At least two of the three bidders – the Co-operative Financial Services, NBNK and Sun Capital – are concerned that the state of the economy will make Lloyds’ forecasts about the assets’ funding gap untenable, potentially driving their sale price below £2bn.
The 632 branches on the block have some £30bn more in loans than in deposits, a gap that Lloyds has predicted will narrow to around £10bn by the time the deal closes in 2013.
Key to the bank’s argument is the idea that a steady recovery will let consumers pay back their mortgages, shrinking the loan book organically.
JP Morgan and Citi, Lloyds’ advisers on the deal, have offered a bridge loan to any buyer to cover the rest of the gap, but that loan is conditional on Lloyds’ forecasts panning out.
Bidders are now stress-testing the numbers in light of a worse macro situation since the bank kicked off the sale. If the loan falls through, finding alternative funding could prove costly.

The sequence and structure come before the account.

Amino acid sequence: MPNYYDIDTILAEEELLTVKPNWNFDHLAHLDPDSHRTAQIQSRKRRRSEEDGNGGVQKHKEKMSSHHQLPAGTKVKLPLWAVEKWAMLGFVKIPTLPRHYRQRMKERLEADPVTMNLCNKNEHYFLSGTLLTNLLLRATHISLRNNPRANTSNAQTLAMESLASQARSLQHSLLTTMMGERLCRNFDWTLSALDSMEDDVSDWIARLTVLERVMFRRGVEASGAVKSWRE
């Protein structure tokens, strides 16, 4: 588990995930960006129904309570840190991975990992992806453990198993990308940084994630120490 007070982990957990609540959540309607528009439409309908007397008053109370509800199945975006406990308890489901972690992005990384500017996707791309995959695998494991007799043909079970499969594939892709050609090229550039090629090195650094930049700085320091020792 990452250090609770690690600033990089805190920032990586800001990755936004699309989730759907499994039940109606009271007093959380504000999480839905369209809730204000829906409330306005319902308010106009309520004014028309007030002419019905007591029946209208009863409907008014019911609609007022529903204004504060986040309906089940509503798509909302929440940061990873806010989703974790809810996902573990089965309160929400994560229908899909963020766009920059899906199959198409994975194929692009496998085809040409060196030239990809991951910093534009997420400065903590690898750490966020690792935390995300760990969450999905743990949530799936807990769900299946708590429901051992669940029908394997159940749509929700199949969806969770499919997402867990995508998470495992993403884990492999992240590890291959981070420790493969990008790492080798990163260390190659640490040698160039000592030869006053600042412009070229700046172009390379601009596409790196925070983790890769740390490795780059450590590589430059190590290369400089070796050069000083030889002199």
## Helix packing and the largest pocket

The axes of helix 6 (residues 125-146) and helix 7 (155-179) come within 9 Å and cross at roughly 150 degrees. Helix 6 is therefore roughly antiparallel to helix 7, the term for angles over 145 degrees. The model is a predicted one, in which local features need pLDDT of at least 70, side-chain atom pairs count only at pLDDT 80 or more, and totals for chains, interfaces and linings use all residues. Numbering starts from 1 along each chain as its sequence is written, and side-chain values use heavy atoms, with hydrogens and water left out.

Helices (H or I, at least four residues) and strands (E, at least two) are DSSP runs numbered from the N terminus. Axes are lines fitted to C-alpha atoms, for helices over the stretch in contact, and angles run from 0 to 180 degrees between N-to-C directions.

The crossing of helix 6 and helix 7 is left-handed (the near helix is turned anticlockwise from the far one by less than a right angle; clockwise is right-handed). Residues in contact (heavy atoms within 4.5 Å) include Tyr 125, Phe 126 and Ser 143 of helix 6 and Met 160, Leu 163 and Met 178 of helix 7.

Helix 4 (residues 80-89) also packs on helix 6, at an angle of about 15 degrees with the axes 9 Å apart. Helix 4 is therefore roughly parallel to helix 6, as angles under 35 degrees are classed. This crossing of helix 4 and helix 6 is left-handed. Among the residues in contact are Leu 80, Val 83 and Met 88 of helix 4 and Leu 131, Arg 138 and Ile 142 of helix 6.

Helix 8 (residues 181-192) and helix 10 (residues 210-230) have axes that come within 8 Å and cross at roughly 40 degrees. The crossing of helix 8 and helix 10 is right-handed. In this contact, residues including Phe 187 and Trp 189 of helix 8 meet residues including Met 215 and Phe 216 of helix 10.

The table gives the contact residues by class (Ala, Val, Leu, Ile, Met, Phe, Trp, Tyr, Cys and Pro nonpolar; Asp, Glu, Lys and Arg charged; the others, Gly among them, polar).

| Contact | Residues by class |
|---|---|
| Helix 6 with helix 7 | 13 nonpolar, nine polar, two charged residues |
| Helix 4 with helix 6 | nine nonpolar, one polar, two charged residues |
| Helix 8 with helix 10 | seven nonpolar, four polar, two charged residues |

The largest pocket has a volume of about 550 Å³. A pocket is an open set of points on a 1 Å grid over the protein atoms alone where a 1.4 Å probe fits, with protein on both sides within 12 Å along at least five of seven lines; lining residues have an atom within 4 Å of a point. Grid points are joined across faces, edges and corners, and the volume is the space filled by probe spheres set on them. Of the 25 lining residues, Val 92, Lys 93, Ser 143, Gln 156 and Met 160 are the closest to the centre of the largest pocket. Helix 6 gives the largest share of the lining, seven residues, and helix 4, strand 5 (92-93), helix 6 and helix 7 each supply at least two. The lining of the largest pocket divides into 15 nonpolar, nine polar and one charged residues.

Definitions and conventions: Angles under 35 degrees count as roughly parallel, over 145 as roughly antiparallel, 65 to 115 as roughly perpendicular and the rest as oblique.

The bank has also offered to boost the assets’ deposit base by £5bn, but faces questions over how it will grab market share without eroding margins on the business.
It will also be charged to provide evidence that the customer deposits are “sticky”, and will not simply disappear once the branches move out from under the Lloyds brand. Alternatively, it could cut down the mortgage book.